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Through finals and boring classes, plot synopses and weird articles you swear you just ended up on, no one has your back like Wikipedia.

Navigating the World with Wikipedia

Through finals and boring classes, plot synopses and weird articles you swear you just ended up on, no one has your back like Wikipedia.

By James Reyes, The University of Texas at San Antonio


My Dearest Wikipedia,

I write to you as just one of the many thousands of students that have looked to you for guidance and answers over the years.

Do you remember that one time I pressed “Random article” and we found ourselves swept away to an entry about the Aletsch Glacier? After traveling the Alps for a shivery minute, we stooped down a paragraph to pluck a stemless gentian, and then after a few seconds of appreciating the smoky-blue flowers, I swear that I became an expert.

An Open Letter to My One True Friend, Wikipedia
Stemless Gentian, courtesy of Wikipedia

Afterwards, after seeing the same flower on the Austrian currency, our financial curiosity drove us back home to America, specifically to the United States Mint. We learned how dimes and nickels are made, then about American history and finally we stumbled across a theory that purported the entire country was actually big floating woman.

As I’m sure you know, my sweet digital encyclopedia, the list goes on. With you, students stricken with wonderlust can get to know the world. Oh shoot, two hours just flew by!

Wikipedia, I wish schools administered you as a mandatory class. Each week, students could write a report about the most fascinating article or piece of information that they came across. If only more students were encouraged to explore the “useless” and “irrelevant” parts of you, society might be filled with well-rounded individuals. If students were rewarded for their curiosity, there might even be less boredom in the world.

With your help, regular people can become bona fide professionals on topics as far flung as augury, geography and breath mints—I know I did. Heck, I even made a petition for you. You know your problem isn’t real if it doesn’t have a petition.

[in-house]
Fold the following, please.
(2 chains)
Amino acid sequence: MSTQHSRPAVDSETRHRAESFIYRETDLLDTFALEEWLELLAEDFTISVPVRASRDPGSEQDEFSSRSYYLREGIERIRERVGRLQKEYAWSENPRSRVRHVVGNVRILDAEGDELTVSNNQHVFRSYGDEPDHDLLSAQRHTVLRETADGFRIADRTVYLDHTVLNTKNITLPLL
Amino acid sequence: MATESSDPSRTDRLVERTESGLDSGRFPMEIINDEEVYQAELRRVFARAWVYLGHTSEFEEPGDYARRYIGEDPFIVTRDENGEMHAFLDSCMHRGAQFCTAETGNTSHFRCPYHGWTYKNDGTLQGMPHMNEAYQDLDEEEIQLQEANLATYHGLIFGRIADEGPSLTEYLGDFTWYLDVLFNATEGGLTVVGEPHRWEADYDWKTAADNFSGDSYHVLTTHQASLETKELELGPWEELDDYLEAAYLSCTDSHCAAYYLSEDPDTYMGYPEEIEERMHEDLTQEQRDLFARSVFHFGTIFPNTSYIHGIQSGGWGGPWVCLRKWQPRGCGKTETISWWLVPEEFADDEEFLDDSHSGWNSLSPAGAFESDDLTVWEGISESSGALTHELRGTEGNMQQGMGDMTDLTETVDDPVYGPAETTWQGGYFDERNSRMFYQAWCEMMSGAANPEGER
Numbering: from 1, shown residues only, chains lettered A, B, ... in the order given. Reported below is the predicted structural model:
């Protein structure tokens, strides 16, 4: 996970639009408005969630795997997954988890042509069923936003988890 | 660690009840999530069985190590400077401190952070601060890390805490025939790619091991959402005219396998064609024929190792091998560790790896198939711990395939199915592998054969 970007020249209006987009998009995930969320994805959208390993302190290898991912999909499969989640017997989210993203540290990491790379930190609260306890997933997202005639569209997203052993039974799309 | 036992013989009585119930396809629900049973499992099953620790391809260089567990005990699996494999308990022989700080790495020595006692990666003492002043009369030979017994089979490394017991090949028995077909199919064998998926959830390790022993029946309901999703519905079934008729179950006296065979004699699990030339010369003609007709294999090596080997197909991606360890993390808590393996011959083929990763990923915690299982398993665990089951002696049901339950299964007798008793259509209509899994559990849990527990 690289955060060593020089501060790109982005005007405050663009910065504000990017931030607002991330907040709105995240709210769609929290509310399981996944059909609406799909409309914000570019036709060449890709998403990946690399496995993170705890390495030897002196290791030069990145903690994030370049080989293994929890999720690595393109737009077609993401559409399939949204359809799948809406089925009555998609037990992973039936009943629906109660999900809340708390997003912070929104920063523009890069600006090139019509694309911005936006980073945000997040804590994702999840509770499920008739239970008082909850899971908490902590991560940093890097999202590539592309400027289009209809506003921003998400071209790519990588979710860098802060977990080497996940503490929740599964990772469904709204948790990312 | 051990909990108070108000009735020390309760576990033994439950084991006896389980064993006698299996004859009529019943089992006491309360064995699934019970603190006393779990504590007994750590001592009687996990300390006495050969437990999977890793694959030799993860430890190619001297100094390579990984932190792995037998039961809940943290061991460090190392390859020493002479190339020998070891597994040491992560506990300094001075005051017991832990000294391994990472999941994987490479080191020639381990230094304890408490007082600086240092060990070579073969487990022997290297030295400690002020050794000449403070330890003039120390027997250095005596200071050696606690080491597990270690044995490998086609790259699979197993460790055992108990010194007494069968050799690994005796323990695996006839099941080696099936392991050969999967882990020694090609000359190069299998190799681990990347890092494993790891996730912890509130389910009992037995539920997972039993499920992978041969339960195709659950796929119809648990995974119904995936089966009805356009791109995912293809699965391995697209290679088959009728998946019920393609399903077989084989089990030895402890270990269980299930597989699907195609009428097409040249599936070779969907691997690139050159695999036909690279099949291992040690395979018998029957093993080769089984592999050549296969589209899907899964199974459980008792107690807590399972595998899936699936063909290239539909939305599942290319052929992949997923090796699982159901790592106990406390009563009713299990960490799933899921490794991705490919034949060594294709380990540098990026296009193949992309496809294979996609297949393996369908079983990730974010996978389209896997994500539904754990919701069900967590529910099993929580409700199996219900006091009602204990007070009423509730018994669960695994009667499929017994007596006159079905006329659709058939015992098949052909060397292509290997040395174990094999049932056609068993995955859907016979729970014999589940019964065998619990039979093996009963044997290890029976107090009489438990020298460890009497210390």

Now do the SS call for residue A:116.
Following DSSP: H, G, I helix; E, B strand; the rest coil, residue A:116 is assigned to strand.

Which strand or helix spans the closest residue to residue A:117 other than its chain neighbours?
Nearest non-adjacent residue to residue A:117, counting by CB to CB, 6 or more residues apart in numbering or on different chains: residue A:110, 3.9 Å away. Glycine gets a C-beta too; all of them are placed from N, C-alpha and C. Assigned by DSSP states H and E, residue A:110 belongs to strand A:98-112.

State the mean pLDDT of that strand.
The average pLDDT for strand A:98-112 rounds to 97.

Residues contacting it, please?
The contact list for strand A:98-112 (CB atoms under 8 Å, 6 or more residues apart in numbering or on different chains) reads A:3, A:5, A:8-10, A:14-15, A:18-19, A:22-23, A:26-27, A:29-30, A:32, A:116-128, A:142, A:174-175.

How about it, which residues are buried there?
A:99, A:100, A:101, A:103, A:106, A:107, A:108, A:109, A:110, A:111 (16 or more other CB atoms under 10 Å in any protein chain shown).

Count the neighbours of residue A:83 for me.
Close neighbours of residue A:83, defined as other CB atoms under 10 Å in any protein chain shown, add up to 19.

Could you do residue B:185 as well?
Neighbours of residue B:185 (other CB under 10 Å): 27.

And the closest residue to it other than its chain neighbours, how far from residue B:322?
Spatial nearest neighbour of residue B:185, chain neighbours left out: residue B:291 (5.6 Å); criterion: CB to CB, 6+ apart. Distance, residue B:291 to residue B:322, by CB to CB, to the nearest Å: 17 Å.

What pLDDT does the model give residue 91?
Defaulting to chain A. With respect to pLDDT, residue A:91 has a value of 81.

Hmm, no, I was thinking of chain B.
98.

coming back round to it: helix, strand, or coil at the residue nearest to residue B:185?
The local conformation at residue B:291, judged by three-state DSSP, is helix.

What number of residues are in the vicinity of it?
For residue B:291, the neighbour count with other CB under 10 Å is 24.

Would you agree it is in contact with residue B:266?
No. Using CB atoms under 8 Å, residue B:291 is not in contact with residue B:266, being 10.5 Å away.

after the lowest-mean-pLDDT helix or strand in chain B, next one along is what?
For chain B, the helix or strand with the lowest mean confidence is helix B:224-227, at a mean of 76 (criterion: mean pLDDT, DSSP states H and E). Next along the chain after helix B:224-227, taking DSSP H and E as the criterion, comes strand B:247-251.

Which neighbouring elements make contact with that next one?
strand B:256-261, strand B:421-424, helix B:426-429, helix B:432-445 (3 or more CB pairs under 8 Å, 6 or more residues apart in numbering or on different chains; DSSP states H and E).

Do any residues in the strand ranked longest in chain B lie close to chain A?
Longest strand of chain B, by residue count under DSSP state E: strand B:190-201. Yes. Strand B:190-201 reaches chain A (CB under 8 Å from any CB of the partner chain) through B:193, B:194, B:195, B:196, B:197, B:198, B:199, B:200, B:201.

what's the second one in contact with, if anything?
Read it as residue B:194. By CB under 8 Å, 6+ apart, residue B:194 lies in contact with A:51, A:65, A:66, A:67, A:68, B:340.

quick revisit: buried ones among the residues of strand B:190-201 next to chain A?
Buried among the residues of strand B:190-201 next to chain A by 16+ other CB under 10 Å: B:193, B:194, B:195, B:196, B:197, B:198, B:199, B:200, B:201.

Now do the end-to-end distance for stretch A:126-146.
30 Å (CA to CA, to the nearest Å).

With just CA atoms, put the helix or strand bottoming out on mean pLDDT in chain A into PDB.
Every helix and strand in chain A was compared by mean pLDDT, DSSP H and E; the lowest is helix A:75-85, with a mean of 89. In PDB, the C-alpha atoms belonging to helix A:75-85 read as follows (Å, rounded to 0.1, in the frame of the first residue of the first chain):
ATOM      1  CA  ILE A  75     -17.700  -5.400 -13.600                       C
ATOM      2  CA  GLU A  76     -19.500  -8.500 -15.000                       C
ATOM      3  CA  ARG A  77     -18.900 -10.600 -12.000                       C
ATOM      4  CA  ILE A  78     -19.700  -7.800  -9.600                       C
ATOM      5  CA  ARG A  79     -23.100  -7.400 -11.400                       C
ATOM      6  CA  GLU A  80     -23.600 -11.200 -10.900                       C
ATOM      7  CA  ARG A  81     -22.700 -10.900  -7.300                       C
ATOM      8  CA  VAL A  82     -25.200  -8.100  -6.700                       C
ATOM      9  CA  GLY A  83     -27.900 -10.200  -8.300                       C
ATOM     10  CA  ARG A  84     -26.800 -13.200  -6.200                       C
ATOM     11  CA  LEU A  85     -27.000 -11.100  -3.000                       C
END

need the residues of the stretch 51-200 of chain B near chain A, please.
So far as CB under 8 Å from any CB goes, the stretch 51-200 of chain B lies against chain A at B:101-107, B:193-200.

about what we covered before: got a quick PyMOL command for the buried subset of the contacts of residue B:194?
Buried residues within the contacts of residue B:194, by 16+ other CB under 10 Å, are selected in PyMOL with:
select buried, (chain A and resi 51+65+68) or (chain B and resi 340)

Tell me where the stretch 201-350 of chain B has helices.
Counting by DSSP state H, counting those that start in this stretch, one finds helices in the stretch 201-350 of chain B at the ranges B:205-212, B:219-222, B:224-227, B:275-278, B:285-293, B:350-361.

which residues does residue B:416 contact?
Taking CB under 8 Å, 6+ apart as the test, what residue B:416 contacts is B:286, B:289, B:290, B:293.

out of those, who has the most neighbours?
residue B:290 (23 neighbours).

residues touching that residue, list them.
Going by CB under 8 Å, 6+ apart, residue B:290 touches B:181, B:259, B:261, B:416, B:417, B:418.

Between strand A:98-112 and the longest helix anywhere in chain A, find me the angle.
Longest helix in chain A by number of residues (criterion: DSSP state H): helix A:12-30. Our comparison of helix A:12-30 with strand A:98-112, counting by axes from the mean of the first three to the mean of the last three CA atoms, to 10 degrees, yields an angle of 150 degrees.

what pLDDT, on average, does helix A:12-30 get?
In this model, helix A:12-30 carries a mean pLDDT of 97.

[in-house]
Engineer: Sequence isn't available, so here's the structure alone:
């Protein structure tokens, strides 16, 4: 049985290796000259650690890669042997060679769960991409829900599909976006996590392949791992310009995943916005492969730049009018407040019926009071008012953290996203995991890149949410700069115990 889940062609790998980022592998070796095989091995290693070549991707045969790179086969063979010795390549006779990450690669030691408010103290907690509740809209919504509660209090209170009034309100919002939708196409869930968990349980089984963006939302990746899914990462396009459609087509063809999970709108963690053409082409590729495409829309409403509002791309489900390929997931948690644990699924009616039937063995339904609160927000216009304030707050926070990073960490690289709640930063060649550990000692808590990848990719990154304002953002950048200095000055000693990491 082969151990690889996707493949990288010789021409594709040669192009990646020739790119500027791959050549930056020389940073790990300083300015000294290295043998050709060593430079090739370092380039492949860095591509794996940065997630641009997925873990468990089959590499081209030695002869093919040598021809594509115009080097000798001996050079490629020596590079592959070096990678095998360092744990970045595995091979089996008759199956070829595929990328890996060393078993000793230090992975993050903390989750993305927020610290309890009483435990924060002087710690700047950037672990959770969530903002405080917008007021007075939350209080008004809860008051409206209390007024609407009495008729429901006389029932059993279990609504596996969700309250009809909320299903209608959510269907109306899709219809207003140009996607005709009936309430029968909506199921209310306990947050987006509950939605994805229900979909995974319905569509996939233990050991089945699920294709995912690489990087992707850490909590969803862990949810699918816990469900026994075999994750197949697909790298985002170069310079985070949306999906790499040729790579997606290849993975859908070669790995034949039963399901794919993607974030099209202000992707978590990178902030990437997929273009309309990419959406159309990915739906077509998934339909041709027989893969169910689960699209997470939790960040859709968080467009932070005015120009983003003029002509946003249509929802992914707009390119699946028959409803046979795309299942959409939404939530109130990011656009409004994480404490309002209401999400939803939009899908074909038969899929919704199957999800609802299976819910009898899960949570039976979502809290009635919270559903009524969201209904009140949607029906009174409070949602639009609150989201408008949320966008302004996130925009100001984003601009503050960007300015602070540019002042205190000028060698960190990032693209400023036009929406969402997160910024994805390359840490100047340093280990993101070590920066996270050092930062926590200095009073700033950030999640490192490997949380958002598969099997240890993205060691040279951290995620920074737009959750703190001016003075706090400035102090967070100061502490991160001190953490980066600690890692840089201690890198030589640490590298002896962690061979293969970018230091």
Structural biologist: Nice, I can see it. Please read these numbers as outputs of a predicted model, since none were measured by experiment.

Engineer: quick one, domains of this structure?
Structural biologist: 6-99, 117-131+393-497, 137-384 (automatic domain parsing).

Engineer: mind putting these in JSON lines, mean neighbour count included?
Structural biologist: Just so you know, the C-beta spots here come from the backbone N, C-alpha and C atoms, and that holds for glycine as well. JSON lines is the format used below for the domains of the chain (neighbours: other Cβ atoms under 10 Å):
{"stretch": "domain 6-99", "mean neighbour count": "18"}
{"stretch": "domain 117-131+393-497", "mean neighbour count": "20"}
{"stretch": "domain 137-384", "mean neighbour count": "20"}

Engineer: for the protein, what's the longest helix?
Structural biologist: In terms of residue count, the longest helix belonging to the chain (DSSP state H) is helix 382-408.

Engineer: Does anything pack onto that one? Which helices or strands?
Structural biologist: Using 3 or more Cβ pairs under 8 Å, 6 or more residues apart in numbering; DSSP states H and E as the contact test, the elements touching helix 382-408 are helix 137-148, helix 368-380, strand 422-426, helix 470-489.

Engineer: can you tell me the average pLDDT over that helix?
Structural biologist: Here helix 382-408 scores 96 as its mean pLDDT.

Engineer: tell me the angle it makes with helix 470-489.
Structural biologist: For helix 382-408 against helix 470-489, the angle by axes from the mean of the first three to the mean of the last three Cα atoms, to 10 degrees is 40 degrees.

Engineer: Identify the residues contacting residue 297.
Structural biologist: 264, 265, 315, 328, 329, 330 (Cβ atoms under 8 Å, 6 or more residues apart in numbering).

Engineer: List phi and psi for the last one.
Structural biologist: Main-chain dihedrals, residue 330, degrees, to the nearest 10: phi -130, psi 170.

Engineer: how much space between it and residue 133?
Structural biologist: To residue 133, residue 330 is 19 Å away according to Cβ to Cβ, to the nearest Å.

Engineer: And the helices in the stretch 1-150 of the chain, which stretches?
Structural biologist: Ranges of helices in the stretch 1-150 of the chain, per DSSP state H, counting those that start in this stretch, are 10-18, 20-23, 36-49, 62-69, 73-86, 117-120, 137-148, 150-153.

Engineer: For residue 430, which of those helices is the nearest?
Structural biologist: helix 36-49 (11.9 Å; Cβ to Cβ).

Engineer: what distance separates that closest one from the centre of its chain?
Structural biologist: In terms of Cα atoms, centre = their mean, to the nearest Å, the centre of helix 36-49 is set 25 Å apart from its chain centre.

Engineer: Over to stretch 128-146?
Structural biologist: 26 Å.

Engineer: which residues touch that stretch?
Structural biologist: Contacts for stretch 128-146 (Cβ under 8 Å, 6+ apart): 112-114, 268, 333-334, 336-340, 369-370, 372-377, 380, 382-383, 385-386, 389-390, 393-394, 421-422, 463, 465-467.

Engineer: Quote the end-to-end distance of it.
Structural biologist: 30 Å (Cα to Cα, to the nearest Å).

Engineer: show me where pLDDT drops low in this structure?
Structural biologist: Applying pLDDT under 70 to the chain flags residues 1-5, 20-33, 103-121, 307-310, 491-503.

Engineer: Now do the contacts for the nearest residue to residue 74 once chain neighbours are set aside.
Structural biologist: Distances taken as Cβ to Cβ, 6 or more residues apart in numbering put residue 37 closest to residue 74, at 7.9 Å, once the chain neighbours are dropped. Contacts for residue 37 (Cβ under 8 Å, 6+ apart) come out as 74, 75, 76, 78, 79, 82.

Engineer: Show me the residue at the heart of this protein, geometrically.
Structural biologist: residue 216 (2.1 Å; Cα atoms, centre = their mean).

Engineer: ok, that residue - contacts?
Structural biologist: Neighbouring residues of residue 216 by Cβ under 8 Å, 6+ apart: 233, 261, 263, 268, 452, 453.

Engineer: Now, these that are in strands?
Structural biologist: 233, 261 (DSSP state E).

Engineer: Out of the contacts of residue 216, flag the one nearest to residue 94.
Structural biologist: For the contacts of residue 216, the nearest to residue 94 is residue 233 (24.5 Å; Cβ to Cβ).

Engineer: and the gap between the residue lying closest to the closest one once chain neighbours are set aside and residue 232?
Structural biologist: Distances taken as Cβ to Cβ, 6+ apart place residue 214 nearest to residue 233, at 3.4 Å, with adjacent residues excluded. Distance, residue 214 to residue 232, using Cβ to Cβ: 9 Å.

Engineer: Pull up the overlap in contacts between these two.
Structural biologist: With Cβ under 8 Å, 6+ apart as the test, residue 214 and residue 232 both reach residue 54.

You taught an entire generation how to edit. Some anonymous weirdos may not take pleasure in tampering with you, but whatever; millennials, at least, are indebted to you for teaching them basic proofreading.

Granted, some of these edits were not always so honest. Reputable individuals have altered a few details here and there, and even Donald Trump’s right hand man needed to make himself a little more “flattering.” Who could blame them?

If you have the ability to shape yourself into someone more appealing, forget authenticity—why not?

Might I add, you also have a tremendous sense of humor. You teach students about British politics, Canadian soda, Plato, Batman and more. Talk about quirky, tongue-in-cheek humor. Not for everyone, true, but I appreciate it. I don’t know if you remember that one late night we stayed up getting all conspiracy-y about the “27 Club?” Remember how “What if I’m next?” I got? I’m still not counting myself out.

Still, not every relationship is perfect, and even though I’ve asked you a million times to stop, every year like clockwork you insist on hitting me up for money. You plead with all the desperation of a friend on the verge of being evicted from their internet apartment, but every month I come back and every month you’re still there. I know that the classic I’m-a-poor-college-student card is getting old, but there has to be somebody with more money than me that you can ask. I’m sure they would love the general public to be smarter.

Also, I really don’t appreciate when you still ask me what language I speak. How long have we known each other, Wiki? Longer than Brad and Angelina were a thing, and yet you still forget that I prefer English (American). I know you know I speak Latin. Nos autem non intelligitur esse.

Yes, you may have a bit of a shady past, what with your original funding coming from a softcore advertising website. (I won’t even link that, thank you very much.) But, hey, we can’t always choose where we come from! Another life lesson you’ve taught me.

Ultimately, Wik, schools should encourage befriending you. Students should play with you. Professors should take you home every other night. Politicians should stop exploiting you. You have given, not just me, but the entire world a mirror with which it can see itself. Even if you weren’t always accurate. (Though that never stopped anyone.)

With deep admiration,

Everybody in the World

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